One of my favorite writers is J.R.R. Tolkien. Several years ago I had felt inspiration from The Hobbit. I decided to create a print project using parts of the story for mono prints. Tolkien writes such full stories with in depth characters and a huge back story. An artist (and there are many) could spend their whole career just capturing Middle-earth with paint, ink and wood.
There is not enough space here to retell the story of The Hobbit. For those who are unaware of the story line here is a link to the Wikipedia page for The Hobbit. These blocks are some of the first mono print works I created back in the day.
Beorn The Skin Changer
For those of you unaware of the character Beorn is a “skin-changer” and by night he turns into a large bear. By day he is a bearded man of large stature. Beor lives on bread and honey and his home is surrounded by conical bee hives made of straw.
The print includes a round bee hive with fat little bees and a flower on the left. On the right side of the print includes Beorn’s face with half of a man and the other half a bear.
Dark Forest, White Spirit
Huine Taurë Ninque Sulë is another Hobbit themed piece. The title translates to Dark Forest, White Spirit in the Elven language Quenya. In the story of The Hobbit the 13 dwarves and Bilbo Baggins are forced to travel into Mirkwood Forrest. It is deep and very dark and the company can barely see their way along a path.
During their trek through the enchanted forest they are rushed upon by a white hart. Startled, the company frantically tries to get out of the way and only Thorin is able to shoot an arrow at the hart. They are starved and sadly though the arrow hit its mark, they loose the beast in the dark wood.
The dark wood of Mirkwood is conveyed with a dark tree trunk lined print. Super imposed the ghostly white hart (I had used a second block for the hart) almost blends into the trees.
Barrels Full of Dwarves
Barrels Full of Dwarves was another mono print with inspiration from The Hobbit. Quickly to give an explanation the barrels are full of Dwarves escaping (with the help of Bilbo Baggins and his magic ring) from the Elven King’s domain of Mirkwood. Their escape down the river in empty apple barrels is indeed harrowing for the dwarves. Bilbo can be seen in the water among the barrels.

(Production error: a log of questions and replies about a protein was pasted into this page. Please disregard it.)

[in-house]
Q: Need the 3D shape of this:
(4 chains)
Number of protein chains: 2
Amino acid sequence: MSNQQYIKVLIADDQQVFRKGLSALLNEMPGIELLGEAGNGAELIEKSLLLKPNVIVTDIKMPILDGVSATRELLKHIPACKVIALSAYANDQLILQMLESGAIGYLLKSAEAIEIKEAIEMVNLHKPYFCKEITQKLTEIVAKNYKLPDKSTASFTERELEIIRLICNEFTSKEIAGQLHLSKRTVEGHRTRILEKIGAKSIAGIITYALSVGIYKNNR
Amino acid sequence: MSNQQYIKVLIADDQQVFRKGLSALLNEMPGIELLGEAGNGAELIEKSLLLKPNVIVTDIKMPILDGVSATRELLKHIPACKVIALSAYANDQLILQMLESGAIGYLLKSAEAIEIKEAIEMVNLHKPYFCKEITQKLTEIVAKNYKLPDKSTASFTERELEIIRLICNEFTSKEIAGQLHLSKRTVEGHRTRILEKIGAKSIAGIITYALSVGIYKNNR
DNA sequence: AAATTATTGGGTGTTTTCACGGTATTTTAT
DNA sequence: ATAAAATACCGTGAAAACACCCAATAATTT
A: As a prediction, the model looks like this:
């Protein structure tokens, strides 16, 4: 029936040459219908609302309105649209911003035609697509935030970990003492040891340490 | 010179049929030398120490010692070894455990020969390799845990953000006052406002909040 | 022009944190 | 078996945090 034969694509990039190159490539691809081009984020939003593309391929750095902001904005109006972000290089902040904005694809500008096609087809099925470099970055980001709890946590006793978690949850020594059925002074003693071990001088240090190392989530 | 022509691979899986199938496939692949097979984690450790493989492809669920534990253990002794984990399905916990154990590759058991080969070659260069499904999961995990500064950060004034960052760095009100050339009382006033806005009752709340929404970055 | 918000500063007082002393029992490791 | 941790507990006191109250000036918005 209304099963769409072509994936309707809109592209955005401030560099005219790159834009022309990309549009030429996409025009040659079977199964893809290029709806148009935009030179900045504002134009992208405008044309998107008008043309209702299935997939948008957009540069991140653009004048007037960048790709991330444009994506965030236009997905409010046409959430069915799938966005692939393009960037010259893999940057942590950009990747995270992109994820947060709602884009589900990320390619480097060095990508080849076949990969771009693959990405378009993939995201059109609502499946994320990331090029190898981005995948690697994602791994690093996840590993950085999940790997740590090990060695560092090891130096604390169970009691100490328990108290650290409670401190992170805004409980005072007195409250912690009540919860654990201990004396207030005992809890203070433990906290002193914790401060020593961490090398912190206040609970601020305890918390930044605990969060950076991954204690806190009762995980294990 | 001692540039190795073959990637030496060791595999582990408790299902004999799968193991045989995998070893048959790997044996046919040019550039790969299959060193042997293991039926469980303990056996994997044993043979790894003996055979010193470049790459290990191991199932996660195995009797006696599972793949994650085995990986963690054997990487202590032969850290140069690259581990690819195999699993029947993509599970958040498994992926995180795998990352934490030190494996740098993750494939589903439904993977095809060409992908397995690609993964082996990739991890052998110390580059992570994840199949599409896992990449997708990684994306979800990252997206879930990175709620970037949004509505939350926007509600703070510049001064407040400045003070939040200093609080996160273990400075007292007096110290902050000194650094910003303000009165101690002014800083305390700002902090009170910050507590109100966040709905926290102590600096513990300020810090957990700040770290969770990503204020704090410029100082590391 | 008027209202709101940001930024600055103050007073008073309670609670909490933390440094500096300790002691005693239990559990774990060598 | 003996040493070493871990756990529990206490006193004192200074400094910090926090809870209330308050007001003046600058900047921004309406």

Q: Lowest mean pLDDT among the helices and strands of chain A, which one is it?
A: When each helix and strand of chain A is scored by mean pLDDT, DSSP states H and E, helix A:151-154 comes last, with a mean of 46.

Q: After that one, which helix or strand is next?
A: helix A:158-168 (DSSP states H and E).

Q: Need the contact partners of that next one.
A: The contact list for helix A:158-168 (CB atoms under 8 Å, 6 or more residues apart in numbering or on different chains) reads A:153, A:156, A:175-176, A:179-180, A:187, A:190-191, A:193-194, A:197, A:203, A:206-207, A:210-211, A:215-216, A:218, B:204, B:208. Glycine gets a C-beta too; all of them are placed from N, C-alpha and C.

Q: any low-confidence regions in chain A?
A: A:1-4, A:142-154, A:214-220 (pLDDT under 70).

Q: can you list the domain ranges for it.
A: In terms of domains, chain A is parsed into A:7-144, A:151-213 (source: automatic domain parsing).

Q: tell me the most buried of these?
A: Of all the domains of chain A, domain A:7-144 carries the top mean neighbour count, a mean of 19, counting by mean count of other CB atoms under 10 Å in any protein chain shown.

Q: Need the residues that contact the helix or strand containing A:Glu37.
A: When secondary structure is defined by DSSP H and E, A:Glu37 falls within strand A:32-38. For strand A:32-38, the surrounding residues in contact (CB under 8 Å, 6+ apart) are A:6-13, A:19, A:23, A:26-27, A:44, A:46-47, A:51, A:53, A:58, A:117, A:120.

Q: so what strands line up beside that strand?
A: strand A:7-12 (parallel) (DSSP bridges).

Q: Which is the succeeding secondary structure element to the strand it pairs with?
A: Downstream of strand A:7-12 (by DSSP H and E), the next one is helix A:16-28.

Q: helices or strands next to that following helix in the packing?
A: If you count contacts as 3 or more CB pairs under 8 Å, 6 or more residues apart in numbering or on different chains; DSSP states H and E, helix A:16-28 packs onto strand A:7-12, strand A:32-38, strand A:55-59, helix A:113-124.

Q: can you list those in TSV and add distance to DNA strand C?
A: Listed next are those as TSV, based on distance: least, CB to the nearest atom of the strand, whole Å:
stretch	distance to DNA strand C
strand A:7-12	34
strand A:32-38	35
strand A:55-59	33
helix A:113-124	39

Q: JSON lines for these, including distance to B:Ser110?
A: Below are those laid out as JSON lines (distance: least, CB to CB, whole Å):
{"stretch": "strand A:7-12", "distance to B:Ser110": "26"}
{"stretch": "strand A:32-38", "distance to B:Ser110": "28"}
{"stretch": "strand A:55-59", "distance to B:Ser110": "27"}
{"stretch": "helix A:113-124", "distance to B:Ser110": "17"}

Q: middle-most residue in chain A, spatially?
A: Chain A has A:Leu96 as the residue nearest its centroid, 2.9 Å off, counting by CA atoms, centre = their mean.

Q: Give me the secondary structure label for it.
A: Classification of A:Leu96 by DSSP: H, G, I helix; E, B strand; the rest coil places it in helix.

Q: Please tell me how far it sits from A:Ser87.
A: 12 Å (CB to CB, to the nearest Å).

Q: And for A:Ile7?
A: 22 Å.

The Dragon and the Thrush
A little back story may be necessary for you to understand the design. The dragon Smaug (pronounced smowg) dwells inside the Lonely Mountain guarding his hoard of treasure. The 13 dwarves and little Bilbo Baggins are attempting to take back the treasure which really belong to Thorin Oakenshield the leader of the company. Bilbo manages to get down into the mountain and with his magic ring to conceal himself he taunts the dragon with conversation. Smaug is no dummy and assumes Bilbo is one of the men from a nearby town located in the middle of a lake called “Laketown”.
Smaug decides he has had enough of talking with Bilbo and attacks Laketown one evening. The villagers are armed with arrows and a great battle ensues. One man, Bard is their Captain. He is steadfast and brave and encourages the men to stand their ground though their town is literally burning down around them.
During the battle an old thrush lands upon Bard’s shoulder and talks to him. Bard is surprised he can understand the bird but listens to his messages.
“Wait! Wait!” it said to him. “The moon is rising. Look for the hollow of the left breast as he flies and turns above you!”
Bard takes his trusted infamous black arrow, the same arrow that belonged to his forefathers, and smote Smaug with great flourish and steam. Of course the story is more exciting if you read the words of the author but you will now understand the design of this block.
The story has so much more to it that my print ideas are many. It has been some time since I worked on this series but seeing them together I may find more inspiration from The Hobbit.
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